Benzodiazepine detox clinic


One of my greatest achievements during my three years at the practice is the benzo clinic I stumbled upon and am running very successfully in the heart of Brighton. I say I stumbled upon it, because I had no prior experience in this area and would never have voluntarily gotten involved n this project. I was new at my surgery and the practice partners were trying to identify any needs I may be able to meet for them. On one of my first sessions with my tutor she described how bad the benzodiazepine prescribing issue was to me. Brighton is one of the areas in the country when it comes to overprescribing of benzodiazepines. And our surgery was one of the highest in Brighton! She asked if I might be willing to do some work in this area and keen to impress, I hesitated and admitted I did not have the skillset to deal with this but, keen to please, I agreed to take on the challenge. I remember my tutor saying to me’ “If you can detox one patient off this horrible addiction it could only be a good thing, we have nothing to lose.”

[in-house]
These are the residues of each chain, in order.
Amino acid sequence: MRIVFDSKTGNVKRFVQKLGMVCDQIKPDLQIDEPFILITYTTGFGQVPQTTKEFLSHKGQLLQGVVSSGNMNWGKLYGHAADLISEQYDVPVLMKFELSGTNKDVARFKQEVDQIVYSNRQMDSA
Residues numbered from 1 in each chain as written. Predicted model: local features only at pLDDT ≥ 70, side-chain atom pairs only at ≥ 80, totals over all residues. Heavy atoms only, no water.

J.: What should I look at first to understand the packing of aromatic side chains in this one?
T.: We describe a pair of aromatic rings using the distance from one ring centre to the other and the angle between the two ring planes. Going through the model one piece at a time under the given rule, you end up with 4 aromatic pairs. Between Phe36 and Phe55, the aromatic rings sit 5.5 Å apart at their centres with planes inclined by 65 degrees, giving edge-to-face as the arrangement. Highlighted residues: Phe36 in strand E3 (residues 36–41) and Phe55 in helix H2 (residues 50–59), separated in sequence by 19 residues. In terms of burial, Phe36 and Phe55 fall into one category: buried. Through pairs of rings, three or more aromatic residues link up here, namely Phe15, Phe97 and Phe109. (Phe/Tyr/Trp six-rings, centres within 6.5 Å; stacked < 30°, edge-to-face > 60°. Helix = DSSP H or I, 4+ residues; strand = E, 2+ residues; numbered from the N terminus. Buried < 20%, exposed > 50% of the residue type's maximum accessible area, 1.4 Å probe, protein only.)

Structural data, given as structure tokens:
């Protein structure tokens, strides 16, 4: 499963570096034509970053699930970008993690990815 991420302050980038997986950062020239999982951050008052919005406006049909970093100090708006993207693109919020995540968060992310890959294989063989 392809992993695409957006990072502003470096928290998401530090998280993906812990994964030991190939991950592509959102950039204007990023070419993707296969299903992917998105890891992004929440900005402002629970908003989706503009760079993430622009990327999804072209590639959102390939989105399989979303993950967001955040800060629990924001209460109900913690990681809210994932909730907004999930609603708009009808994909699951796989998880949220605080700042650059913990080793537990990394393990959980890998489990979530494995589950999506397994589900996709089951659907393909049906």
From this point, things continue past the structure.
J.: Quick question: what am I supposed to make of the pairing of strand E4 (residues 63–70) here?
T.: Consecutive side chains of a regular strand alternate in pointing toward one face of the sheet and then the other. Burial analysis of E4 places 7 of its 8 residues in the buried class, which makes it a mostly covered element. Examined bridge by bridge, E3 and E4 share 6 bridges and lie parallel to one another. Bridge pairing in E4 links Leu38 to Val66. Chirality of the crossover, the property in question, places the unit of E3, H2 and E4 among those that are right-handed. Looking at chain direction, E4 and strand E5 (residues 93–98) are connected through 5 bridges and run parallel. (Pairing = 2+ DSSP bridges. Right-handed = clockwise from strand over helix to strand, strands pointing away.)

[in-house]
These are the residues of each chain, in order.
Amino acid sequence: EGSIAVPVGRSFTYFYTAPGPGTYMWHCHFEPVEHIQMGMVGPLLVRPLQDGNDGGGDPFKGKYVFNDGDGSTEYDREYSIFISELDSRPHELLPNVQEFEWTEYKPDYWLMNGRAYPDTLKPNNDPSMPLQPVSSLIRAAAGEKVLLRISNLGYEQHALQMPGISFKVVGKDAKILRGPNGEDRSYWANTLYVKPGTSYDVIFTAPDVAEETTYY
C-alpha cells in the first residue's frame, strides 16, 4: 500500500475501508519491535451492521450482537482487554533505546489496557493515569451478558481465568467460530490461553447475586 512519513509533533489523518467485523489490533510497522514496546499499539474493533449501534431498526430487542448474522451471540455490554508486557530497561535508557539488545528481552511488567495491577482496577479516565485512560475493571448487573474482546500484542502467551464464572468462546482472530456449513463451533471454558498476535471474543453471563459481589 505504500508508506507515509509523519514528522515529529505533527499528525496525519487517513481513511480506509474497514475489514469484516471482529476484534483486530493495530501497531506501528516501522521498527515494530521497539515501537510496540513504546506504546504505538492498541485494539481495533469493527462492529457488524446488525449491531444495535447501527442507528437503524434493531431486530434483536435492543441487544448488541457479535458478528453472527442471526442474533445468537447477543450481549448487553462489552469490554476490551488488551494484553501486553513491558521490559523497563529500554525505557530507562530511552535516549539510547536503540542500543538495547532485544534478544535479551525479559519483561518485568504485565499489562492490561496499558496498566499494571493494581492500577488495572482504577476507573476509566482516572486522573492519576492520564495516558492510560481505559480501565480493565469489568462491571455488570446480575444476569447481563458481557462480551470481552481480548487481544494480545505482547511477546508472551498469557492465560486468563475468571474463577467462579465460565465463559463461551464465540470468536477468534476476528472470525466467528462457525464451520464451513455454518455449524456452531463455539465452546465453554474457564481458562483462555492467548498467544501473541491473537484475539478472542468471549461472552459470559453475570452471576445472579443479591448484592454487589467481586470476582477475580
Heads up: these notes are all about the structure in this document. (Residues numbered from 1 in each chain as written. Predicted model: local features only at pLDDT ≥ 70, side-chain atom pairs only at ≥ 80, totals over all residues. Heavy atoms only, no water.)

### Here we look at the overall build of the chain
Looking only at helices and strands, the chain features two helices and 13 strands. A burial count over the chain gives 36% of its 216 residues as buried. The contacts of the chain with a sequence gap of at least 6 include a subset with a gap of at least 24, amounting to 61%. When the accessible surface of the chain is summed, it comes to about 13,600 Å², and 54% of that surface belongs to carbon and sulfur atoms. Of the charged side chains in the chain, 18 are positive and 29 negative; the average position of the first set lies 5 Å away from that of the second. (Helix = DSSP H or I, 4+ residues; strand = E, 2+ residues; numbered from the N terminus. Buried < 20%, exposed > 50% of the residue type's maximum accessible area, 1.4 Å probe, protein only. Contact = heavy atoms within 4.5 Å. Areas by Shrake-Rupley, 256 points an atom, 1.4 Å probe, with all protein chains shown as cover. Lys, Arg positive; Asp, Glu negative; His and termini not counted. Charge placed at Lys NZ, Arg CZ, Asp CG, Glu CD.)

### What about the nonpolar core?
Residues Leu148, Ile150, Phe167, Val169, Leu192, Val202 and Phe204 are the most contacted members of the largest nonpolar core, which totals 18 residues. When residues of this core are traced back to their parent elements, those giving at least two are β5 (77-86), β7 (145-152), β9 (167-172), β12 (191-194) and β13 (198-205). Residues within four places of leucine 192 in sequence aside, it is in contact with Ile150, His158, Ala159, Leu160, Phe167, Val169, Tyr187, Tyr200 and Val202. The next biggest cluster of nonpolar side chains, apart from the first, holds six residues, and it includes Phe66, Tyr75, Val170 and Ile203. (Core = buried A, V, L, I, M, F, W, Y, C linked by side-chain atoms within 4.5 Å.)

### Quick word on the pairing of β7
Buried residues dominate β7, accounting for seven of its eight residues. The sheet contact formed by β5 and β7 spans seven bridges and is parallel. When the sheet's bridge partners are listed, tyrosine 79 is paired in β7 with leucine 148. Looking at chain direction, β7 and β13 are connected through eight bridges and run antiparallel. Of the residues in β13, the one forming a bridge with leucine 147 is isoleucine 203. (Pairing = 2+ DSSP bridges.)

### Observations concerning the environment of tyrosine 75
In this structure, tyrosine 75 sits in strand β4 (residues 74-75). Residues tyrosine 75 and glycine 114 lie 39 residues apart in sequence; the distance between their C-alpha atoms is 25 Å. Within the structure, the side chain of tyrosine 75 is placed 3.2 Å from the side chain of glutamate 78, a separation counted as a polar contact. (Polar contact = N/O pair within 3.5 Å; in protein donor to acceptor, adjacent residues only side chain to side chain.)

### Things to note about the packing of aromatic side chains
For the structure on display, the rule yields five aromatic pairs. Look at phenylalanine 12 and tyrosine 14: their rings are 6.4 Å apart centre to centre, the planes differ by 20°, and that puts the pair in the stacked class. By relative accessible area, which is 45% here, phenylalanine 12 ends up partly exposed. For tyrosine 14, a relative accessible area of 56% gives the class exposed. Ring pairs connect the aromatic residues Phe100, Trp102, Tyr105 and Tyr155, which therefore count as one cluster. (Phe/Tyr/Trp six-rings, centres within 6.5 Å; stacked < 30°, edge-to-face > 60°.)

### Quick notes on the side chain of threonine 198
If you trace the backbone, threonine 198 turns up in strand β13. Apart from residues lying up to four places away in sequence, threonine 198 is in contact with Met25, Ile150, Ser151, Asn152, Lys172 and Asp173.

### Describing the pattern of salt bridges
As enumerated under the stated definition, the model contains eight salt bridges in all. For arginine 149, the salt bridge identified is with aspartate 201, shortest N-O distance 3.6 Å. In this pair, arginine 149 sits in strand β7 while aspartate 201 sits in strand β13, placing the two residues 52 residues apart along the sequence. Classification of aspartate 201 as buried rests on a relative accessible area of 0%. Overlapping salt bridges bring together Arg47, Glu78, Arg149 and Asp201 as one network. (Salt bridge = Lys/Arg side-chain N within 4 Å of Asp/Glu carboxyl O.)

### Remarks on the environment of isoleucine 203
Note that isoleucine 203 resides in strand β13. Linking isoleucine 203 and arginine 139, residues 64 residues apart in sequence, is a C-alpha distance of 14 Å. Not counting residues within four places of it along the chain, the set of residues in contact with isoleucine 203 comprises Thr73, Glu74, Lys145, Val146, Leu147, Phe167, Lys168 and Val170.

This is how I went about setting up my very own (highly successful) benzodiazepine clinic:

We printed off a list of all the patients – there were hundreds! I asked all the doctors to identify patients from the list who they believe would be happy to be reduced so I targeted the “easier” patients first.

Two sources really helped me: I called up the local drug addiction clinic “Pavilions”. I visited them and spent some time learning how they were able to work with patients to reduce their drug addictions. I also found that patients were missing many appointments and their main problem for the keyworkers and staff was patients’ lack of commitment and on the other hand patients were complaining there was no continuity – that they kept their keyworkers and clinicians assigned to them kept changing.

Learning about the successes and he fallbacks at the drug addiction clinic gave me a great starting point and I was able to learn from their mistakes and aimed to provide a committed streamlined oen to one service to our patients. To be able to do this, I needed to ensure I improved my knowledge in the area. I looked at many online sources and guidelines. I could not find any workshops which would help teach me what I needed to learn. I looked through the CPPE online learning pack which over the years has served me well and taught me in depth knowledge in most clinical areas. They had courses on deprescribing but not particularly on benzodiazepines.